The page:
OTTAWA — The federal government will provide $306 million in funding to help small and medium-sized Indigenous businesses suffering the economic effects of the COVID-19 pandemic.
The funding will allow for short-term, interest-free loans and non-repayable contributions through Aboriginal financial institutions, which offer financing and business support services to First Nations, Inuit, and Metis businesses.
The money will be administered by the National Aboriginal Capital Corporations Association.
Prime Minister Justin Trudeau says the money will help thousands of businesses bridge to better times, including many that are owned and run by Indigenous women.
“These businesses employ people right across the country in small communities and big cities alike. They create good jobs in a whole range of sectors so when we support them, we’re supporting families and workers too,” Trudeau said.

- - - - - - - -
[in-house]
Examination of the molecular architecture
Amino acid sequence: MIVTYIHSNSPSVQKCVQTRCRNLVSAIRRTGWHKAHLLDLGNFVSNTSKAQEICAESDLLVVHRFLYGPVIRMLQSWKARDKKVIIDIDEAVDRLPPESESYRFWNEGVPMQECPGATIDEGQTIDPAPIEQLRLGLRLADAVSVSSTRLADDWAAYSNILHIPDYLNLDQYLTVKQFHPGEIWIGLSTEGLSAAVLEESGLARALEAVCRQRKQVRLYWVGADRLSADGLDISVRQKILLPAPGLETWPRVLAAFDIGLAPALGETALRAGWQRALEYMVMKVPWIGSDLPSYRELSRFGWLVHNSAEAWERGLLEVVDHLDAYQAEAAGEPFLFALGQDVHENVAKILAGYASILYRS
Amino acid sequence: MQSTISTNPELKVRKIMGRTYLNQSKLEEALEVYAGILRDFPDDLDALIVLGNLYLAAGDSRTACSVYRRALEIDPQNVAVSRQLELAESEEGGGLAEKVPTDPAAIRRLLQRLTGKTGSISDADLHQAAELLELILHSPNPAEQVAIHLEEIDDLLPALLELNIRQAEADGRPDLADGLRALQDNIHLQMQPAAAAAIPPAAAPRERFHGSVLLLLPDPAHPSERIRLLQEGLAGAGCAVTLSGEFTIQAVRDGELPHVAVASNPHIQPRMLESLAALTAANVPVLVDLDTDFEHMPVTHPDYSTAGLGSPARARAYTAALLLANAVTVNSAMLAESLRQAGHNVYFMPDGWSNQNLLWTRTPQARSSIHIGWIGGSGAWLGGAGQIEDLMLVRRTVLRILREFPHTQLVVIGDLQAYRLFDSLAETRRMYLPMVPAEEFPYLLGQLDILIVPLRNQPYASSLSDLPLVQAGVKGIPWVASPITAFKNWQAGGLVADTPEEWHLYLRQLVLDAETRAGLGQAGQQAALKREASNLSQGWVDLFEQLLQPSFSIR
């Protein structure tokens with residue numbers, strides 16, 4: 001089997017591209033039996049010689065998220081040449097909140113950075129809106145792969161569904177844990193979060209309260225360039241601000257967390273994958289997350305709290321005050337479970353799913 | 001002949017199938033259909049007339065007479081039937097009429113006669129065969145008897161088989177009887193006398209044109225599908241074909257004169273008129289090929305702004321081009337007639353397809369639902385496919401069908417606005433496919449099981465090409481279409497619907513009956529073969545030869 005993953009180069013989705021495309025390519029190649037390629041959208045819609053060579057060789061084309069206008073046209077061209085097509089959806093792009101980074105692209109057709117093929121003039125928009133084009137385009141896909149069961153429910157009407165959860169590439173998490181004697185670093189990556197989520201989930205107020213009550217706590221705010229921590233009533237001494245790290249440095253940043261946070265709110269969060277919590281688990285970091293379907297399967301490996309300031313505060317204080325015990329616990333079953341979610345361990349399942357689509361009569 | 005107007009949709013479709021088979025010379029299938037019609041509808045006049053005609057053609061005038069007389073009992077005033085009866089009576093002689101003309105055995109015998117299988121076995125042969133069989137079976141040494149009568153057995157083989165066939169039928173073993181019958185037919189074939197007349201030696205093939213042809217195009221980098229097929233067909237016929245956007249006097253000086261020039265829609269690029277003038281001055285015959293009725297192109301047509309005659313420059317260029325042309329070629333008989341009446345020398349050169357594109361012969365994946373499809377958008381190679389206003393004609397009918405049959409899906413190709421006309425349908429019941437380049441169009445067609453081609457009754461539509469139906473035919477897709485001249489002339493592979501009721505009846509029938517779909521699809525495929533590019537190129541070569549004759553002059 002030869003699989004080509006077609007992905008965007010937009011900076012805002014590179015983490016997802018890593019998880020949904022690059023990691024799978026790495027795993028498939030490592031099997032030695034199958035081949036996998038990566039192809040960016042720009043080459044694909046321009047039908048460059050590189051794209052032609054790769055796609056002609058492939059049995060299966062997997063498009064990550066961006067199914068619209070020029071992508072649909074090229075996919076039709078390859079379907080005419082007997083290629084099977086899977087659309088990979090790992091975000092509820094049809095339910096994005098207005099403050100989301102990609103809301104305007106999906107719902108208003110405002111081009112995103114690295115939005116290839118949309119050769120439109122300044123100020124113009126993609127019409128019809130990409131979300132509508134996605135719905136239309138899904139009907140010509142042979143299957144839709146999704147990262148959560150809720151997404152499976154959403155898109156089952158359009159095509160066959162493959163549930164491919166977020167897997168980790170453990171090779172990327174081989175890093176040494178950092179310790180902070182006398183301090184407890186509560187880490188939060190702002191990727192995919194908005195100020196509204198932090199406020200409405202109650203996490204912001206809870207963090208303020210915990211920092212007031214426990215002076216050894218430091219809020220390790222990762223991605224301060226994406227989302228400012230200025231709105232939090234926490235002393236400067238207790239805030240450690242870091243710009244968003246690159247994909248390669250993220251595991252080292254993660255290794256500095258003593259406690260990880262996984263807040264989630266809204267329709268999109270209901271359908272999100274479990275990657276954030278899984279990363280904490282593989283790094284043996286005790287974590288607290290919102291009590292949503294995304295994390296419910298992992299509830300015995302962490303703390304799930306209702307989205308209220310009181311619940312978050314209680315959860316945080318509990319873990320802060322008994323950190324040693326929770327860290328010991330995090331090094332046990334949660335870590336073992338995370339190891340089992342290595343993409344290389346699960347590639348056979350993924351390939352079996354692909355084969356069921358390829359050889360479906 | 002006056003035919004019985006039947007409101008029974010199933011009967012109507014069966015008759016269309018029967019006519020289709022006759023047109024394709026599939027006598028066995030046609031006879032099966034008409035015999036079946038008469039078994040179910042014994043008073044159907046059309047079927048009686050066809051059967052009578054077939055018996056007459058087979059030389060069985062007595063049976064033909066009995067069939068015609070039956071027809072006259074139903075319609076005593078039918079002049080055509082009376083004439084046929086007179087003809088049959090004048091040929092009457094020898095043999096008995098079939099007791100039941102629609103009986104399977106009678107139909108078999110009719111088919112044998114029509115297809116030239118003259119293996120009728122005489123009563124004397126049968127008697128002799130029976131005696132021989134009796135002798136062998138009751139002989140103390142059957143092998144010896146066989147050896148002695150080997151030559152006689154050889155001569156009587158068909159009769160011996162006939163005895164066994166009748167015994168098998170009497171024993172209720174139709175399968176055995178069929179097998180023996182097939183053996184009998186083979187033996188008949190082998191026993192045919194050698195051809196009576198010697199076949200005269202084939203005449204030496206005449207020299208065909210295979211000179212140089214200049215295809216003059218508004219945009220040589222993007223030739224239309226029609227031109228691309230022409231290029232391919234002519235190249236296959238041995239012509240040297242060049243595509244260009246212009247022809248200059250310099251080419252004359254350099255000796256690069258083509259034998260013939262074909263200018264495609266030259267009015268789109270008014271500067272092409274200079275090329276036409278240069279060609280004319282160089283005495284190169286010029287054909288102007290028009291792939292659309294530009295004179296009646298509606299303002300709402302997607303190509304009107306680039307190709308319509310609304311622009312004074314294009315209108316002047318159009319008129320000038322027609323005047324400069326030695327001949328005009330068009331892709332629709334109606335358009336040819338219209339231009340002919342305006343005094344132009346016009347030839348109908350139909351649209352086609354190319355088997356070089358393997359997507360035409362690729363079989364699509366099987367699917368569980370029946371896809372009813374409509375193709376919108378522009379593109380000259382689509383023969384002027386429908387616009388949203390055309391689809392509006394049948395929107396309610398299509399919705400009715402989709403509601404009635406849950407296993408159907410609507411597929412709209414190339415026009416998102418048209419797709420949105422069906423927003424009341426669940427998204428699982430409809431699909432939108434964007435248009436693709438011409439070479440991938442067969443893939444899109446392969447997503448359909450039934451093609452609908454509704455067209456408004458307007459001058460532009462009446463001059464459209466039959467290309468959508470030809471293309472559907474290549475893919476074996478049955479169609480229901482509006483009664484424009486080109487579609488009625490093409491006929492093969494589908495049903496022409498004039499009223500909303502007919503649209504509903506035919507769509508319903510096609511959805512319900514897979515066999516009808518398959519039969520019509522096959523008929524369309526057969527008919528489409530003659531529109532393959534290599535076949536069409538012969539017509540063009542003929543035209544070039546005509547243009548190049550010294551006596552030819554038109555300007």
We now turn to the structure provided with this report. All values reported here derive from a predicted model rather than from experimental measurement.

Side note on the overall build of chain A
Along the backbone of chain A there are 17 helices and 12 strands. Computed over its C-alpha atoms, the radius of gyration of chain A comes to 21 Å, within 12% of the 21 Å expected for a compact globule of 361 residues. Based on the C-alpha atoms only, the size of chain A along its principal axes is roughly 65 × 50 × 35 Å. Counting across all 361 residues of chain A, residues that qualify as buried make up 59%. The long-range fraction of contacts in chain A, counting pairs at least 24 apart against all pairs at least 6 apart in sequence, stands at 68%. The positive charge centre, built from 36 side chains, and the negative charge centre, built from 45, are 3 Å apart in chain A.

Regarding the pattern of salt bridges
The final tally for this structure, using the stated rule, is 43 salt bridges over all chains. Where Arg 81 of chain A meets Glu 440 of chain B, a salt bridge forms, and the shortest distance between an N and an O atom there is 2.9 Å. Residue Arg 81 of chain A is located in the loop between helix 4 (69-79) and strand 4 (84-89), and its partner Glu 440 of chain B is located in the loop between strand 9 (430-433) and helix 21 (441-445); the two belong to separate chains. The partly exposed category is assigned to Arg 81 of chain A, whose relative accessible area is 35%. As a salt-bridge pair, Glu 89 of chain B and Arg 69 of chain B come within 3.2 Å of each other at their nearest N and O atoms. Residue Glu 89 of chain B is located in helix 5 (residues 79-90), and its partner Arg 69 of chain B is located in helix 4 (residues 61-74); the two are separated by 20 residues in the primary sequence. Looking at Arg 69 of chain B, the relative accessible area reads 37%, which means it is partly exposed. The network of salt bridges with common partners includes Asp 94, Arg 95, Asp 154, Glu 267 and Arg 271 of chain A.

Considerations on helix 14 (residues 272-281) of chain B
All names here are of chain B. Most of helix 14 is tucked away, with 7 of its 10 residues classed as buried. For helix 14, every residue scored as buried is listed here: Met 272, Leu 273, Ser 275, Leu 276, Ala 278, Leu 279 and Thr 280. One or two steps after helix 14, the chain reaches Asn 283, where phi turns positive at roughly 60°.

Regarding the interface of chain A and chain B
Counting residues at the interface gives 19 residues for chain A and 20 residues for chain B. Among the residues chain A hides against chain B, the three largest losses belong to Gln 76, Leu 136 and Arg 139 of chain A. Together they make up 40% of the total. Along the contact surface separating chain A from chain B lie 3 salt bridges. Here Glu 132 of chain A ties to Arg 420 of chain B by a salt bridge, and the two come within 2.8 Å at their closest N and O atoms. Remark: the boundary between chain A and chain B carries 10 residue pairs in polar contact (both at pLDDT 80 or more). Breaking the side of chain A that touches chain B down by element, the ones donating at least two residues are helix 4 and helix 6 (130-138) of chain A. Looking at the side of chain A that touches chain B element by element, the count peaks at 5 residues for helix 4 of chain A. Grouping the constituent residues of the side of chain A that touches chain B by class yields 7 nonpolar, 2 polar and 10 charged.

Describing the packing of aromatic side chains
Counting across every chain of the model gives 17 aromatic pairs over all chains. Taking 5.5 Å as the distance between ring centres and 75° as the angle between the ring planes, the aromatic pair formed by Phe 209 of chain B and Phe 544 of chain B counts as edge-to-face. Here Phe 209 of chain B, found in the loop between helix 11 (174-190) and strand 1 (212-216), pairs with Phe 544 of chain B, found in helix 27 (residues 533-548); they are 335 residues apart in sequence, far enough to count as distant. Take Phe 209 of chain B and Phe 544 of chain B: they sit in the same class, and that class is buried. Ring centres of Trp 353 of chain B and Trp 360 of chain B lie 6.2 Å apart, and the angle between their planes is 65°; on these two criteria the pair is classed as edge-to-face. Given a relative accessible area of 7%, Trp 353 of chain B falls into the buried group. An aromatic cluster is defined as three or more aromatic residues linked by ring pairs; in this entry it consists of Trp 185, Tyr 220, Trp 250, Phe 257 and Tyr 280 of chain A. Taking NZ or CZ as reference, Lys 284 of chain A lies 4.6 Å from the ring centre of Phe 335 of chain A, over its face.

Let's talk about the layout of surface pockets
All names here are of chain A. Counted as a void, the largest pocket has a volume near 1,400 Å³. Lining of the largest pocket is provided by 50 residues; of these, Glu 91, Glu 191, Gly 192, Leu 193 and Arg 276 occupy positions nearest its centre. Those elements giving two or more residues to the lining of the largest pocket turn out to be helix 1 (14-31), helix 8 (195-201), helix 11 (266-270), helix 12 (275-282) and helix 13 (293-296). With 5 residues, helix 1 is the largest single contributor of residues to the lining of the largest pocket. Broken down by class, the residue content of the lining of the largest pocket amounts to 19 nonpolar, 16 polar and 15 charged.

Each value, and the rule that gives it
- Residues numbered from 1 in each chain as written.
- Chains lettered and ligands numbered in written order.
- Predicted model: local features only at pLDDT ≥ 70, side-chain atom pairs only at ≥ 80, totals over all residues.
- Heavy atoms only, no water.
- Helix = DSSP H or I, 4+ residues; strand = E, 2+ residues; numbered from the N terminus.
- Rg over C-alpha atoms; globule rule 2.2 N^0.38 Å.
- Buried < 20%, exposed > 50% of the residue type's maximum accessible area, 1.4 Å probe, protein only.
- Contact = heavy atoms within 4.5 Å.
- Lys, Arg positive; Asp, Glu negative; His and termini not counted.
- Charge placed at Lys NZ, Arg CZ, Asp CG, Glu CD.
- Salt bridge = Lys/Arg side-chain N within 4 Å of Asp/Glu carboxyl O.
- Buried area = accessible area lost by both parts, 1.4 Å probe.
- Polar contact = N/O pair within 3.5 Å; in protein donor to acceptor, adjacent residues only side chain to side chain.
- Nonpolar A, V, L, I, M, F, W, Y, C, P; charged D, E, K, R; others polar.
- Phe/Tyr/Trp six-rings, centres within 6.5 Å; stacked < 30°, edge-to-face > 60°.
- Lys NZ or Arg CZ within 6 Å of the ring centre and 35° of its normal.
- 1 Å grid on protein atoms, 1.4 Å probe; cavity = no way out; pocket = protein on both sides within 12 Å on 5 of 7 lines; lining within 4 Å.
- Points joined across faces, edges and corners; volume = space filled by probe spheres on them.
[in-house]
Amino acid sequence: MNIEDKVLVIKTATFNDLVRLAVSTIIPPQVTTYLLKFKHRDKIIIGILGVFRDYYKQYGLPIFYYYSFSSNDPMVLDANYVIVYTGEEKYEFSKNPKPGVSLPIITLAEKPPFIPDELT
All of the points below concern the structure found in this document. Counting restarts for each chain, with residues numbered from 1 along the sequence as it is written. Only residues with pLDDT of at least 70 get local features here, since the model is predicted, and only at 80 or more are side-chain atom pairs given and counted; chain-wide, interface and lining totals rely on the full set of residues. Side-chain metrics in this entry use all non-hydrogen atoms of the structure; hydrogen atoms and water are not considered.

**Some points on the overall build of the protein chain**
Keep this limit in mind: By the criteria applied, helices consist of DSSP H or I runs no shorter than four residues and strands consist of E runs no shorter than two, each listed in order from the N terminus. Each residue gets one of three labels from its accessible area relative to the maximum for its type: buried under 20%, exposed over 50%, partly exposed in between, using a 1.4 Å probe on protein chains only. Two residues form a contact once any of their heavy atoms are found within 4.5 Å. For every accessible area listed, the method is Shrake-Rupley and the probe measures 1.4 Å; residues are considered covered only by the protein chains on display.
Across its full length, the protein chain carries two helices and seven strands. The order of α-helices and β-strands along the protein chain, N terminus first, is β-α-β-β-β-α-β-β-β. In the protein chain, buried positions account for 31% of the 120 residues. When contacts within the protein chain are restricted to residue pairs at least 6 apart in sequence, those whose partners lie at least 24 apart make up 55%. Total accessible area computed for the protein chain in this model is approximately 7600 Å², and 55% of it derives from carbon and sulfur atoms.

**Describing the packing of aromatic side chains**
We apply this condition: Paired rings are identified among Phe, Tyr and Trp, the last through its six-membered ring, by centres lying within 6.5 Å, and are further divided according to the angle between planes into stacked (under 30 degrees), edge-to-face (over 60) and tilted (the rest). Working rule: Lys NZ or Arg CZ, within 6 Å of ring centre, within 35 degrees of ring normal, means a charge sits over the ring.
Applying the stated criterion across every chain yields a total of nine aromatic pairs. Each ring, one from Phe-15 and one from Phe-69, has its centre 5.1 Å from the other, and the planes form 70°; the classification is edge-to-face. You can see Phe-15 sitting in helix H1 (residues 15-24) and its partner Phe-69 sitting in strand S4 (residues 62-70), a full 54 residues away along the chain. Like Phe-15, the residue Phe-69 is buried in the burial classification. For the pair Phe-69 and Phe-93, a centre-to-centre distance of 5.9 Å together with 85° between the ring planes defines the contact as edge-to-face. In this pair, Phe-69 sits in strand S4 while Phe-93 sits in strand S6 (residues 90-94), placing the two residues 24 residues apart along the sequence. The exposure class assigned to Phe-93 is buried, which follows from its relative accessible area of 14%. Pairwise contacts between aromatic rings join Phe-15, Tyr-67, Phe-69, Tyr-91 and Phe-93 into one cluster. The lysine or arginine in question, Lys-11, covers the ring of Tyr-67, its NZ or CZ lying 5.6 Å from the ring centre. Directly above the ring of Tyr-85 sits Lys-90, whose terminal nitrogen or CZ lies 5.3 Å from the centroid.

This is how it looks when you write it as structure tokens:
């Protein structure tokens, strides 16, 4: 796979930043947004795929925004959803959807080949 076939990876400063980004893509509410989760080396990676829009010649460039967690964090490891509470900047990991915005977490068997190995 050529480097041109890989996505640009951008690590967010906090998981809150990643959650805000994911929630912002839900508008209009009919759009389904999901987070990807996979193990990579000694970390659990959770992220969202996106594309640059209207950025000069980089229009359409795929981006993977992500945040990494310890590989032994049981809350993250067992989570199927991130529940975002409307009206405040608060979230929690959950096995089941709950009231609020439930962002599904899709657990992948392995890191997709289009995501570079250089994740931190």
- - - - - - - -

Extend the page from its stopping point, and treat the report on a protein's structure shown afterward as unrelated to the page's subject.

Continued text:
Indigenous Services Minister Marc Miller noted that many smaller, Indigenous businesses are being disproportionately affected by the economic downturn of the pandemic, especially smaller companies and those that do not have access to financing from larger banks.
“These businesses may and are already facing unique challenges such as being in rural or remote locations and having less access to capital,” Miller said.
Providing financial help through the 59 Aboriginal financial institutions will enable them to keep supporting small and medium First Nation, Inuit and Metis businesses, offering flexibility so they can be in a better position to weather the crisis, he said.
These measures are expected to help 6,000 Indigenous-owned businesses get through the financial challenges that the pandemic is having on companies forced to close their doors or those suffering major drops in business due to public safety and physical distancing restrictions.
Trudeau said this is just a first step and that more help for Indigenous businesses would be coming soon.
This report by The Canadian Press was first published April 18, 2020.
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